I have no idea what percentage of bitcoin is purchased w/ tether.

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Re: Buying and Spending Bitcoin

Post by RRAAYY3 » Sun Jan 21, 2018 8:48 pm

Tether, Bitcoin, ... ,

I use my credit card, get reward points, converted them into cash, and went on with my life with currency that is actually able to be used

Can you explain the appeal of converting actual money into “cryptocurrency”? Serious request, I’m really trying to understand why this crypto-thing is actually a thing.

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Re: Buying and Spending Bitcoin

Post by feh » Sun Jan 21, 2018 9:12 pm

RRAAYY3 wrote:
Sun Jan 21, 2018 8:48 pm
Tether, Bitcoin, ... ,

I use my credit card, get reward points, converted them into cash, and went on with my life with currency that is actually able to be used

Can you explain the appeal of converting actual money into “cryptocurrency”? Serious request, I’m really trying to understand why this crypto-thing is actually a thing.
The main advantage, IMO, is no 3rd party. Need to send money to an individual or company? No intermediary (paypal, CC company, bank) is needed.

Here are a couple pages that list both advantages and disadvantages:

http://www.ameerrosic.com/5-benefits-of-cryptocurrency/
https://coinpupil.com/altcoins/advantag ... ocurrency/

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Re: Buying and Spending Bitcoin

Post by technovelist » Sun Jan 21, 2018 10:43 pm

feh wrote:
Sun Jan 21, 2018 8:39 pm
technovelist wrote:
Sun Jan 21, 2018 8:04 pm
feh wrote:
Sun Jan 21, 2018 7:52 pm
technovelist wrote:
Sun Jan 21, 2018 7:46 pm
grayfox wrote:
Sun Jan 21, 2018 11:33 am

The paper says that trading in cryptos is done OTC. Not through a regulated exchange. No regulation.

:idea: :?: I am left wondering if bitcoin prices we see quoted are real.
I'm pretty sure they are fake, driven by "Tether", which appears to be totally fraudulent, if this is correct: https://www.reddit.com/r/CryptoCurrency ... out_of_me/
I't's not clear to me what you guys are theorizing. Bitcoin can be purchased w/ USD. Go to coinbase.com and look at the most recent price.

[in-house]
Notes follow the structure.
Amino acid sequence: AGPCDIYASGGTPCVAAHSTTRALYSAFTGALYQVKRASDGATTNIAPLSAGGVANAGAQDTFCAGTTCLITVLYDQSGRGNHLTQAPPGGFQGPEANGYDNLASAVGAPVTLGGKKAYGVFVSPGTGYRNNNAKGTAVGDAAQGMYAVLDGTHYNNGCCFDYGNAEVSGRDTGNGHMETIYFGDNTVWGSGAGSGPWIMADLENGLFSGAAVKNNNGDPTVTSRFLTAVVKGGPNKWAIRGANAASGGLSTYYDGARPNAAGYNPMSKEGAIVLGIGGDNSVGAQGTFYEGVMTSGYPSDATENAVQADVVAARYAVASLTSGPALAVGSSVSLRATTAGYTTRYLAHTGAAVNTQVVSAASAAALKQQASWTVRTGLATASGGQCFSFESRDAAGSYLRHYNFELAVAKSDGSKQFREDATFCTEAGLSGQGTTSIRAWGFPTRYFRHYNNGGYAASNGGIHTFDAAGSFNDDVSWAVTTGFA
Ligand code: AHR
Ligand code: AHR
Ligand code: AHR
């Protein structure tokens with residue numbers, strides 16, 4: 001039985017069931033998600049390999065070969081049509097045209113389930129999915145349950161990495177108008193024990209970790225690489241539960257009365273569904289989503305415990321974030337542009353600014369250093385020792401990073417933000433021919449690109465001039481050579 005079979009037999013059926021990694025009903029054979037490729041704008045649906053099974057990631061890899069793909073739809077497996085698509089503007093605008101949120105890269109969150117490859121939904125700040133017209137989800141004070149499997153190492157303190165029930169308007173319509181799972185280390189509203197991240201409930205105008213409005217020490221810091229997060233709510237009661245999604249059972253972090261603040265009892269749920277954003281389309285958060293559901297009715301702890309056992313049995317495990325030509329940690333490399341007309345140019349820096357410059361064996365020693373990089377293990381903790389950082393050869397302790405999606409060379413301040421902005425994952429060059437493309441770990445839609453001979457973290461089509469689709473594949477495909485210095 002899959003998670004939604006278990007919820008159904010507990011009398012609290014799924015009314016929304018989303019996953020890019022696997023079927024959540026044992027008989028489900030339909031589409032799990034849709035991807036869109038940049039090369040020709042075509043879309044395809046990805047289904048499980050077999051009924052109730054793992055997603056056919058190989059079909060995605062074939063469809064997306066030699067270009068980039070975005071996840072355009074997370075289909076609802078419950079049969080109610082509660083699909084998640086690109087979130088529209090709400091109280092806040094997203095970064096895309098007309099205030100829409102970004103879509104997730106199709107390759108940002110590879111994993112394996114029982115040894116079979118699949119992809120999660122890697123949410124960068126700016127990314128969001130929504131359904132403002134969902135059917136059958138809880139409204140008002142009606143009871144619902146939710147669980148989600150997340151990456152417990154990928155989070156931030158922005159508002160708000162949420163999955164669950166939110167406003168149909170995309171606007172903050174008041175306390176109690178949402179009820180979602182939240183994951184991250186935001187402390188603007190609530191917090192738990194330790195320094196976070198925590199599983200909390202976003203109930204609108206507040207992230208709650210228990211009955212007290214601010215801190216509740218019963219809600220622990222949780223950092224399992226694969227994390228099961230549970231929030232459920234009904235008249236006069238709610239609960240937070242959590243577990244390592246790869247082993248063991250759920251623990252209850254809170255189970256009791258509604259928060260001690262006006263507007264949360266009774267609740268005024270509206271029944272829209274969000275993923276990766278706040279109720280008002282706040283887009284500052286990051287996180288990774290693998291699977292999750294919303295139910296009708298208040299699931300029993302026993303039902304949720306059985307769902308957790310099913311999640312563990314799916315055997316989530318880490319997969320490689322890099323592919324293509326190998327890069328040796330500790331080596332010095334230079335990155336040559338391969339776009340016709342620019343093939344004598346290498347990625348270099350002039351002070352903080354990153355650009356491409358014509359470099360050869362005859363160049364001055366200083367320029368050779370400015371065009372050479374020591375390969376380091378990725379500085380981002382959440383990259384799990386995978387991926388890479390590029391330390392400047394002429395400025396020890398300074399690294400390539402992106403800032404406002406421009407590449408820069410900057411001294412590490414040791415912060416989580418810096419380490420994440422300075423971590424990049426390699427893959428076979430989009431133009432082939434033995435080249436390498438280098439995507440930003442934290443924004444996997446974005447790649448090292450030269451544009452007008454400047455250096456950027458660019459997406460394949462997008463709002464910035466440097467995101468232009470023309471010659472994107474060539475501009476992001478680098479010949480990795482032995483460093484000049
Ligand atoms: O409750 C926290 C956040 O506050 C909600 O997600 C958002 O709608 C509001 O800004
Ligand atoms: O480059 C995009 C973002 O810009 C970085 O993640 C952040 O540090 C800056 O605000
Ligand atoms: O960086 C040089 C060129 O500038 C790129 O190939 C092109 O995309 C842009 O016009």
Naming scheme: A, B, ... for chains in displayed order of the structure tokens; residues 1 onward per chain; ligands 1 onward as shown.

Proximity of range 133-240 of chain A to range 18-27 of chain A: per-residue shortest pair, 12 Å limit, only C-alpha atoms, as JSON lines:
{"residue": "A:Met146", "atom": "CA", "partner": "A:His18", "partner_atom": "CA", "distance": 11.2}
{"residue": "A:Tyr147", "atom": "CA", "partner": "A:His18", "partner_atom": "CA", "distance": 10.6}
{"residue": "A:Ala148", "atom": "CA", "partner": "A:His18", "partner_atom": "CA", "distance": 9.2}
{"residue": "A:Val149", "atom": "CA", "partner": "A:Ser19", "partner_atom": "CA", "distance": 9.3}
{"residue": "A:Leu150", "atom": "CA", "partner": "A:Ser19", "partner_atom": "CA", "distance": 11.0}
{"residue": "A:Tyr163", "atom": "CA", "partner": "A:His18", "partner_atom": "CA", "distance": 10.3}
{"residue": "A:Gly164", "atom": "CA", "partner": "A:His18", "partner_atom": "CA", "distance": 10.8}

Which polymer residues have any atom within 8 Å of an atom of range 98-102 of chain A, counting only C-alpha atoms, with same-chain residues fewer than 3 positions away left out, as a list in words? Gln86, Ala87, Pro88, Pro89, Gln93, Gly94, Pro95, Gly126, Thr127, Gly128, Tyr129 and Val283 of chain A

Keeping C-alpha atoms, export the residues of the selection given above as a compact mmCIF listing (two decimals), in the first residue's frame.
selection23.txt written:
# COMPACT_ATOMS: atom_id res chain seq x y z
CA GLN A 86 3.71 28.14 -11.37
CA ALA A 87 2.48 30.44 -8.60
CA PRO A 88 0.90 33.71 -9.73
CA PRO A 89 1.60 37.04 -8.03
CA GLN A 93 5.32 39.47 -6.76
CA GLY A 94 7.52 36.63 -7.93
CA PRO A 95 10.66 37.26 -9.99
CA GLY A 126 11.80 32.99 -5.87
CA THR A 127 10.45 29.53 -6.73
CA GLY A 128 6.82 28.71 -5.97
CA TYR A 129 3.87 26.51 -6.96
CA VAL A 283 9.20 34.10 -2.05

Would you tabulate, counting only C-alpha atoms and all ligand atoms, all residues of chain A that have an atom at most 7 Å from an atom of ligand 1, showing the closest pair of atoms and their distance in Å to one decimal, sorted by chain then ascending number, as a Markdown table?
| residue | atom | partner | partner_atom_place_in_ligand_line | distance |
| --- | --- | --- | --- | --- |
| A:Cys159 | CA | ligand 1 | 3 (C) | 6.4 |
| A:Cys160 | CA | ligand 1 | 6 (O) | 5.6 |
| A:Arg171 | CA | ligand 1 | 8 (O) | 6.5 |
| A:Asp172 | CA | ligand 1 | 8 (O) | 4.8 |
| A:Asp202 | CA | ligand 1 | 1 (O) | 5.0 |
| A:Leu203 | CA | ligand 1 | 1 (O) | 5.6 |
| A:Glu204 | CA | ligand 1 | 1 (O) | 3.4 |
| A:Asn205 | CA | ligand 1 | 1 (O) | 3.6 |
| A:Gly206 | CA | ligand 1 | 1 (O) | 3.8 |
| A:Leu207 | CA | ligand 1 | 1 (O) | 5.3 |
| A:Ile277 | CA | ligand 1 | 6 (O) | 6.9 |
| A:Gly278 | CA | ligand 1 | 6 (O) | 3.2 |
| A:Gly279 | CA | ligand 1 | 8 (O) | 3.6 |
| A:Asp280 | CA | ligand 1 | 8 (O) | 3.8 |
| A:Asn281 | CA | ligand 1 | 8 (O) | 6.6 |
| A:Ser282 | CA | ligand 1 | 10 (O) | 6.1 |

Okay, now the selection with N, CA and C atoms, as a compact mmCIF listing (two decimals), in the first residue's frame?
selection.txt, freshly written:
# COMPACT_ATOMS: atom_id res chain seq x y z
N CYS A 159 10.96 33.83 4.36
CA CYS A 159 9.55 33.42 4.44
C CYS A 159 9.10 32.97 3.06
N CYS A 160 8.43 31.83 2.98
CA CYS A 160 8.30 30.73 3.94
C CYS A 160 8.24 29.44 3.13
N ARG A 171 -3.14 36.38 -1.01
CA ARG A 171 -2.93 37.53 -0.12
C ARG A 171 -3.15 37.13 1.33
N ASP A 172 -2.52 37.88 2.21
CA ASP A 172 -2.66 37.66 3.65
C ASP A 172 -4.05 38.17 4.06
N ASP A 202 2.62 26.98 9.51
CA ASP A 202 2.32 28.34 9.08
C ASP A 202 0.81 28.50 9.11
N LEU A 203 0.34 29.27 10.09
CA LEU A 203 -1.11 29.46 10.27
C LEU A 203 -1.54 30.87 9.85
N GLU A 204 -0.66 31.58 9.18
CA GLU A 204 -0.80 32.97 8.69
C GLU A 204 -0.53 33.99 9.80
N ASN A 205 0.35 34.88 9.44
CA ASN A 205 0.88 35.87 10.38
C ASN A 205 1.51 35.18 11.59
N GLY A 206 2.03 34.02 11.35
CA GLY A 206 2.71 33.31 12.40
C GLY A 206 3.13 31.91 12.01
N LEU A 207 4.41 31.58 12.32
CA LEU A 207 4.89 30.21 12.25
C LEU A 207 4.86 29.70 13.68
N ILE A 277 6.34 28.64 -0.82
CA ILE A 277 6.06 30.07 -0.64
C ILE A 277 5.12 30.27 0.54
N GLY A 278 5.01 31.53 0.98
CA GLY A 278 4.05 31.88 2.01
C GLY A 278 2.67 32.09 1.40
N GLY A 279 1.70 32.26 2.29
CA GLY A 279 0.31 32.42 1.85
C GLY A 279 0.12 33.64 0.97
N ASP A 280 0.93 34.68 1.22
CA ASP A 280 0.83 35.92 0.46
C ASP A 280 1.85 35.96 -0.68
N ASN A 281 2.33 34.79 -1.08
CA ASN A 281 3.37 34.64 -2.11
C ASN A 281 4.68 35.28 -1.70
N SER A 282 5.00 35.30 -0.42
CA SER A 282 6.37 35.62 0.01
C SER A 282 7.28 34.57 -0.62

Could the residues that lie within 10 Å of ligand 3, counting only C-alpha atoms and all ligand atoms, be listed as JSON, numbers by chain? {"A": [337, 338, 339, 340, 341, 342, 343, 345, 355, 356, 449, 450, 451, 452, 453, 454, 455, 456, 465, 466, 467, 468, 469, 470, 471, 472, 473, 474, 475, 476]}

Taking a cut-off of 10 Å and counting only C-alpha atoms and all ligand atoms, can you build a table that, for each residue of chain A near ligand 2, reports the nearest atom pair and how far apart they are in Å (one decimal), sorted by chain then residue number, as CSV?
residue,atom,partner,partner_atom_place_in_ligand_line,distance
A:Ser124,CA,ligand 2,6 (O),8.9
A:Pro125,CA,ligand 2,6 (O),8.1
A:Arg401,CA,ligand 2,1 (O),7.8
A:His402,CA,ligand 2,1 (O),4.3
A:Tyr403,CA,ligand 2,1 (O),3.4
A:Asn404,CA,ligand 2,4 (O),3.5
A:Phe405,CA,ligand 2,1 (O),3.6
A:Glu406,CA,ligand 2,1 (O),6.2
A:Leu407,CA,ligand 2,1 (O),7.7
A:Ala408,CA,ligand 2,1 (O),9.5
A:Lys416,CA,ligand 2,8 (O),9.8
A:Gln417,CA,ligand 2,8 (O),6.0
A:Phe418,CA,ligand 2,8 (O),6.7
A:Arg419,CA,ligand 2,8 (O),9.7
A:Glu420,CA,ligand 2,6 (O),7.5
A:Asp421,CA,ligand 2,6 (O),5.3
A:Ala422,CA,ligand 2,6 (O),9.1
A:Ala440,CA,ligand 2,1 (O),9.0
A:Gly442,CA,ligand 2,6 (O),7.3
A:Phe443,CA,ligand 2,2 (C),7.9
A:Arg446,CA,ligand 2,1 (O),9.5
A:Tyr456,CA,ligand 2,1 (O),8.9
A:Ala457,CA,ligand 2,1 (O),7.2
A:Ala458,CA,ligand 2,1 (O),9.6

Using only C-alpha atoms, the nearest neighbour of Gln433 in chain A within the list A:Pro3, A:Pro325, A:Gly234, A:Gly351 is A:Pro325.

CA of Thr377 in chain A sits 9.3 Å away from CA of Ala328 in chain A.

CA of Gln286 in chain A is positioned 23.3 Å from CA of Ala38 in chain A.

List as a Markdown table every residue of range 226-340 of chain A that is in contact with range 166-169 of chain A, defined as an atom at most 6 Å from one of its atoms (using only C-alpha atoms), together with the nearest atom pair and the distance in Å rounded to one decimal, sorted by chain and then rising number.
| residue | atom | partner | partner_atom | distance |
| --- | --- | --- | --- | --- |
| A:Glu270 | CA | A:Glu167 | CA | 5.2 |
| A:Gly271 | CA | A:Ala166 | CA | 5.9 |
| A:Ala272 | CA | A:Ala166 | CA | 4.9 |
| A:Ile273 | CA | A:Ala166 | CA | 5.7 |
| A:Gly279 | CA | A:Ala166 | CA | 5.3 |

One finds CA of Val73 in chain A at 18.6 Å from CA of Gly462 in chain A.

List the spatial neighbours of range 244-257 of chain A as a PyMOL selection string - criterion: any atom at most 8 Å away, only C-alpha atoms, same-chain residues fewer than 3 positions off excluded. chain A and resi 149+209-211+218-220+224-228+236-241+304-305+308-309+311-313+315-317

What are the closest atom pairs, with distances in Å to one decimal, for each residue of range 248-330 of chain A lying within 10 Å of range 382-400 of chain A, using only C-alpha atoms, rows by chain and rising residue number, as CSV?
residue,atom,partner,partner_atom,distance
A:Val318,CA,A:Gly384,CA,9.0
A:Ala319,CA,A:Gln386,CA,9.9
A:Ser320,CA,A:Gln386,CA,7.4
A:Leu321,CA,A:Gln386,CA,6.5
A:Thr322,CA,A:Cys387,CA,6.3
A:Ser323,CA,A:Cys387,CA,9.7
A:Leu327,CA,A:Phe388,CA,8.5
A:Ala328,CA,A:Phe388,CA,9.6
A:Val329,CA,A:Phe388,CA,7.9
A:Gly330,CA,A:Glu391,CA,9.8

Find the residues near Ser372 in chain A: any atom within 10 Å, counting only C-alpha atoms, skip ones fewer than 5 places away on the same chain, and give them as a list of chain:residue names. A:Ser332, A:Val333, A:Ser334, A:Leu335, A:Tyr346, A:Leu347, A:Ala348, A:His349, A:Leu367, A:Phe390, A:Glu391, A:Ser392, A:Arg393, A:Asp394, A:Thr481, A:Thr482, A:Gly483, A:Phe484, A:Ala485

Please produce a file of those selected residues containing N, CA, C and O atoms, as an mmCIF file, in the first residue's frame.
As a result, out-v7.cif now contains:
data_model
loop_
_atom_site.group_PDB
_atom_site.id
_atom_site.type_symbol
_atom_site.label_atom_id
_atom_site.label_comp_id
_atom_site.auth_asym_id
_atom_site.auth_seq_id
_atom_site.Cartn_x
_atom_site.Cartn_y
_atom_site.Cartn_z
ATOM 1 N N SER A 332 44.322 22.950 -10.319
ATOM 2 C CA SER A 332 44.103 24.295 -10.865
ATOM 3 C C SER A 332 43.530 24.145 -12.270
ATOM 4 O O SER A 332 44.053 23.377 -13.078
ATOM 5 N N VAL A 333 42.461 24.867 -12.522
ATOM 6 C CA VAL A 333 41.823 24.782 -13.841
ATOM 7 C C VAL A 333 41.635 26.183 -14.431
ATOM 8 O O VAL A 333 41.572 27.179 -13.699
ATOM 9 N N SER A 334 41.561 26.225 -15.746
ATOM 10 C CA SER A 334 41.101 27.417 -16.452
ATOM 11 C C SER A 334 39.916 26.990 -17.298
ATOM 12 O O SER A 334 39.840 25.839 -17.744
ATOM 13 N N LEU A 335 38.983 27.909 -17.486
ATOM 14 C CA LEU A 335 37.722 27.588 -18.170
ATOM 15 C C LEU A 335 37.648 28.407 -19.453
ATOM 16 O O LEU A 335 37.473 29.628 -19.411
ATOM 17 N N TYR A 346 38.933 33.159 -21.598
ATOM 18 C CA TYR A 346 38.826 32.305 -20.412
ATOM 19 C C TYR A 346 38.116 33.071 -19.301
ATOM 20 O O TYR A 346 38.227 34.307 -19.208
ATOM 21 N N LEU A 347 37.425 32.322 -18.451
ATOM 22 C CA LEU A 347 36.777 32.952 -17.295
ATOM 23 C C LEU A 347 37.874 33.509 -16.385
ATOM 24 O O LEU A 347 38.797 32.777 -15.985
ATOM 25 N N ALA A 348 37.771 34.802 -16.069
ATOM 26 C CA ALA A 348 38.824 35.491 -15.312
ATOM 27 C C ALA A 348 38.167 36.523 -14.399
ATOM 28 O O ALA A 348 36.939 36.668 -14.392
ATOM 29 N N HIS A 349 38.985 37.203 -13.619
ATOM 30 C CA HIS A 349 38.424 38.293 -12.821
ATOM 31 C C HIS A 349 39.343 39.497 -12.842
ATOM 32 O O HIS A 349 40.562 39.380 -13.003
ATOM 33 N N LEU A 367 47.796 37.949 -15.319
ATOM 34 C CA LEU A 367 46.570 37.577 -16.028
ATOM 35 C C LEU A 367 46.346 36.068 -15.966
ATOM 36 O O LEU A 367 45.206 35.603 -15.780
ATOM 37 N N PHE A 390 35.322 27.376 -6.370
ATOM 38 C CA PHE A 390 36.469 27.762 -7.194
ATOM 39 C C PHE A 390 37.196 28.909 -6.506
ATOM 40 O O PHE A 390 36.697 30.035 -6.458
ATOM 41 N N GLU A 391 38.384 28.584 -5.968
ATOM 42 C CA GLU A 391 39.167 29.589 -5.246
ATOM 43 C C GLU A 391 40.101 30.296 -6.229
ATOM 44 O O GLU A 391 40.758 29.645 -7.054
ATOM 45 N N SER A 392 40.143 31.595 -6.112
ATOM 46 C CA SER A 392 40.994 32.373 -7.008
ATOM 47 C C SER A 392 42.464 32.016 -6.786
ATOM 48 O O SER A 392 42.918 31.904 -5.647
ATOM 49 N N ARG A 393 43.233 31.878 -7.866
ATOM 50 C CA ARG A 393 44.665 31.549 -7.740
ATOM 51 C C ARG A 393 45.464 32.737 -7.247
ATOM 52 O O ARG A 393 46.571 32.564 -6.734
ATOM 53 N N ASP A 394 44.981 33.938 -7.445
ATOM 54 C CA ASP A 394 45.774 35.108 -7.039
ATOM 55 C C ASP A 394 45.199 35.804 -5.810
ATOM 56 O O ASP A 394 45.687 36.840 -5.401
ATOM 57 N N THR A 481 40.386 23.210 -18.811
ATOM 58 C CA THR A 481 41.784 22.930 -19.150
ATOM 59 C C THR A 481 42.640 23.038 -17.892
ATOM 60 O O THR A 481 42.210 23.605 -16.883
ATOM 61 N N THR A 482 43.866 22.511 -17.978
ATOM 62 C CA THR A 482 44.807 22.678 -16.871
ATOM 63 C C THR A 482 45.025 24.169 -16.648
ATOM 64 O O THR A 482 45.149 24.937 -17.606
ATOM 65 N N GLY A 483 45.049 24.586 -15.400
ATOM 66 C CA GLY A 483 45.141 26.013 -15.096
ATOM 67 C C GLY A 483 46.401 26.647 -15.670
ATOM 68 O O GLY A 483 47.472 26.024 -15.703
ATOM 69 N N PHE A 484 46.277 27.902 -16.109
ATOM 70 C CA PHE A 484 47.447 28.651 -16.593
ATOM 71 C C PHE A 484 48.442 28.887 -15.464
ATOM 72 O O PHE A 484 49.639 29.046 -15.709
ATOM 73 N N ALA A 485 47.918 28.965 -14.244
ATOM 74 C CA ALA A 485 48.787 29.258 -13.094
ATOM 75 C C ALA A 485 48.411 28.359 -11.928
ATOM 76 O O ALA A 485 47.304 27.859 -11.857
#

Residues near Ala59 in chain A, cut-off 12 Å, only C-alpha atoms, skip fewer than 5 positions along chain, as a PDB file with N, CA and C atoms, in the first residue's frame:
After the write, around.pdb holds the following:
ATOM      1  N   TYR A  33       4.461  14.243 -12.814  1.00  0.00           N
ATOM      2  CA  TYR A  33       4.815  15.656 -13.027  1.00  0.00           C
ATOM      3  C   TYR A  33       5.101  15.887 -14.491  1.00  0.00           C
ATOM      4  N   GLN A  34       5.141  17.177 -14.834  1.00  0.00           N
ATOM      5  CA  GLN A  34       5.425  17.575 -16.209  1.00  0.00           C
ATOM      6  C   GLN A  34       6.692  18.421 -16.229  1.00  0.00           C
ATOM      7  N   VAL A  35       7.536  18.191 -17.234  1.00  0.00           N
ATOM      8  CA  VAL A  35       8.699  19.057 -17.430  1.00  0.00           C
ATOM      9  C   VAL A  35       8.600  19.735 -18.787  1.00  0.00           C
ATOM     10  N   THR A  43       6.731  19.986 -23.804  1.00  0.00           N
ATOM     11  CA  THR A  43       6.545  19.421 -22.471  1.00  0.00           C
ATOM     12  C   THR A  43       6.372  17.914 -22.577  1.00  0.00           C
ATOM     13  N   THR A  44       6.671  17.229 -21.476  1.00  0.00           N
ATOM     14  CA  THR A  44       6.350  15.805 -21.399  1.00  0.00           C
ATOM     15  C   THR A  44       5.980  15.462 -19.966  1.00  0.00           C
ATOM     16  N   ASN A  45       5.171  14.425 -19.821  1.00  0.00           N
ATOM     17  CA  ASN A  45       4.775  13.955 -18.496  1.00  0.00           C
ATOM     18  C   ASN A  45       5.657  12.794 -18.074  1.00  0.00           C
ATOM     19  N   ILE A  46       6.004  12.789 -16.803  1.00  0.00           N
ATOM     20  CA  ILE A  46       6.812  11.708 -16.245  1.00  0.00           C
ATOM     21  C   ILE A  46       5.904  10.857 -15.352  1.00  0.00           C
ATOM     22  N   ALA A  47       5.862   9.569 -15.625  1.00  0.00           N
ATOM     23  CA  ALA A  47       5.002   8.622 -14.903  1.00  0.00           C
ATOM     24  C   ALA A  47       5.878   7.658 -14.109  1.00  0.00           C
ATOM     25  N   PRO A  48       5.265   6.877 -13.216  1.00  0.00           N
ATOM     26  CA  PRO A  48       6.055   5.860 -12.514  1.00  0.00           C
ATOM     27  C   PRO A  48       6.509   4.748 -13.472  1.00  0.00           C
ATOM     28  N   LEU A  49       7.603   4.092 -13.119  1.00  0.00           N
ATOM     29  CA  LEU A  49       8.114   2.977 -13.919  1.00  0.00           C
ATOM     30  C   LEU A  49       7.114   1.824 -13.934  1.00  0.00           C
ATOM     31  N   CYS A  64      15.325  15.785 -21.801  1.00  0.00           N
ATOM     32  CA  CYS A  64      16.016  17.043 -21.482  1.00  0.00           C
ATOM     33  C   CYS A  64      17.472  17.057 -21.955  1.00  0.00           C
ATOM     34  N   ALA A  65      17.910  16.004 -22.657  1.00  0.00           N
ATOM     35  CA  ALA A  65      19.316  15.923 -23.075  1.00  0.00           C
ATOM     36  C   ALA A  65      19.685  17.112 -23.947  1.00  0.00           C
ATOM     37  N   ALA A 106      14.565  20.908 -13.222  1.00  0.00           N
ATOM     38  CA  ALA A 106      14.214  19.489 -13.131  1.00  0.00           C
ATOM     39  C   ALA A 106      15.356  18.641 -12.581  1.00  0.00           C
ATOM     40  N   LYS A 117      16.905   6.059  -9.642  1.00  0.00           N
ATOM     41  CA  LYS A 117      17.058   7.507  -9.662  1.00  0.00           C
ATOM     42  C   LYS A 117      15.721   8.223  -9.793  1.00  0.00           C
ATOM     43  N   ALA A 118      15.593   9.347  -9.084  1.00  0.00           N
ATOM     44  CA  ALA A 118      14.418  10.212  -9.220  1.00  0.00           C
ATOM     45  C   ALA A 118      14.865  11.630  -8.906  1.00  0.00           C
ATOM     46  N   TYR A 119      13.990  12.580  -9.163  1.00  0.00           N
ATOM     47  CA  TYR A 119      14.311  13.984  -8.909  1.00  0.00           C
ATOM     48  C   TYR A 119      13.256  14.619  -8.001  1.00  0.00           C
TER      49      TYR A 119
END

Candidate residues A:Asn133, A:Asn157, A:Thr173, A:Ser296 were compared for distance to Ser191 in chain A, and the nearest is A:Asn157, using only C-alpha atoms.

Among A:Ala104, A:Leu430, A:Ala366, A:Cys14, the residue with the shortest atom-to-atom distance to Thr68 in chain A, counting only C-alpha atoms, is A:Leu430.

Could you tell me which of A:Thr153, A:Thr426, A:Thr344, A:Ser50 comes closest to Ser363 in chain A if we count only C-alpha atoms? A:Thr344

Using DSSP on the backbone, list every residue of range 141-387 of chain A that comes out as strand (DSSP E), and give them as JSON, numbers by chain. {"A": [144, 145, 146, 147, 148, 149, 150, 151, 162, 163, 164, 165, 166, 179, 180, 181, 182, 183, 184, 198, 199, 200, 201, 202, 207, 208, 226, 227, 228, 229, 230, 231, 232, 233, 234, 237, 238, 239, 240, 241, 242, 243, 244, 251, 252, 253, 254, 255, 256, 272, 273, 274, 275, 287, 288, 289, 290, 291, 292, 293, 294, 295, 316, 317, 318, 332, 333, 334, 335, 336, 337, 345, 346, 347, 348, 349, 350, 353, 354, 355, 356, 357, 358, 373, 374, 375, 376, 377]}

Yes, we know you can buy it with USD. That's not the question.

The question is whether someone can buy it with totally counterfeit "money" like Tether, and whether any significant amount of trading is done in that way.

Obviously if the latter is true, the price could go to infinity in terms of Tether, but anyone trying to cash out might be paid only in Tether and not be able to convert that to anything that anyone else wants.
Seems to me this is a problem w/ tether, not bitcoin. I would personally stay away from tether. If/when they choose to break the buck, whomever is holding tether will be hosed.

I have no idea what percentage of bitcoin is purchased w/ tether.
No, it is a problem with bitcoin, because if the people who run Tether are using their freshly printed "money" to buy bitcoin, that can drive the price of bitcoin up to unsustainable levels.

The same would be true of any asset that can be purchased with "money" that can be produced in unlimited supply.
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Re: Buying and Spending Bitcoin

Post by technovelist » Sun Jan 21, 2018 10:44 pm

RRAAYY3 wrote:
Sun Jan 21, 2018 8:48 pm
Tether, Bitcoin, ... ,

I use my credit card, get reward points, converted them into cash, and went on with my life with currency that is actually able to be used

Can you explain the appeal of converting actual money into “cryptocurrency”? Serious request, I’m really trying to understand why this crypto-thing is actually a thing.
99% of the "use" right now is speculation, like with NASDAQ stocks in the late 1990's, where a lot of the people buying had no idea what the company did but just saw the price going up.
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Re: Buying and Spending Bitcoin

Post by feh » Mon Jan 22, 2018 7:33 am

technovelist wrote:
Sun Jan 21, 2018 10:43 pm
No, it is a problem with bitcoin, because if the people who run Tether are using their freshly printed "money" to buy bitcoin, that can drive the price of bitcoin up to unsustainable levels.

The same would be true of any asset that can be purchased with "money" that can be produced in unlimited supply.
Of course, we don't know what the people who run tether are doing w/ the money they received. If it is a giant scam, I'd think they'd have it in some Swiss bank account. I don't know why the assumption is being made that is was used to buy bitcoin (or any other crypto).

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Re: Buying and Spending Bitcoin

Post by technovelist » Mon Jan 22, 2018 10:07 am

feh wrote:
Mon Jan 22, 2018 7:33 am
technovelist wrote:
Sun Jan 21, 2018 10:43 pm
No, it is a problem with bitcoin, because if the people who run Tether are using their freshly printed "money" to buy bitcoin, that can drive the price of bitcoin up to unsustainable levels.

The same would be true of any asset that can be purchased with "money" that can be produced in unlimited supply.
Of course, we don't know what the people who run tether are doing w/ the money they received. If it is a giant scam, I'd think they'd have it in some Swiss bank account. I don't know why the assumption is being made that is was used to buy bitcoin (or any other crypto).
https://seekingalpha.com/article/412954 ... ay-go-true
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Re: Buying and Spending Bitcoin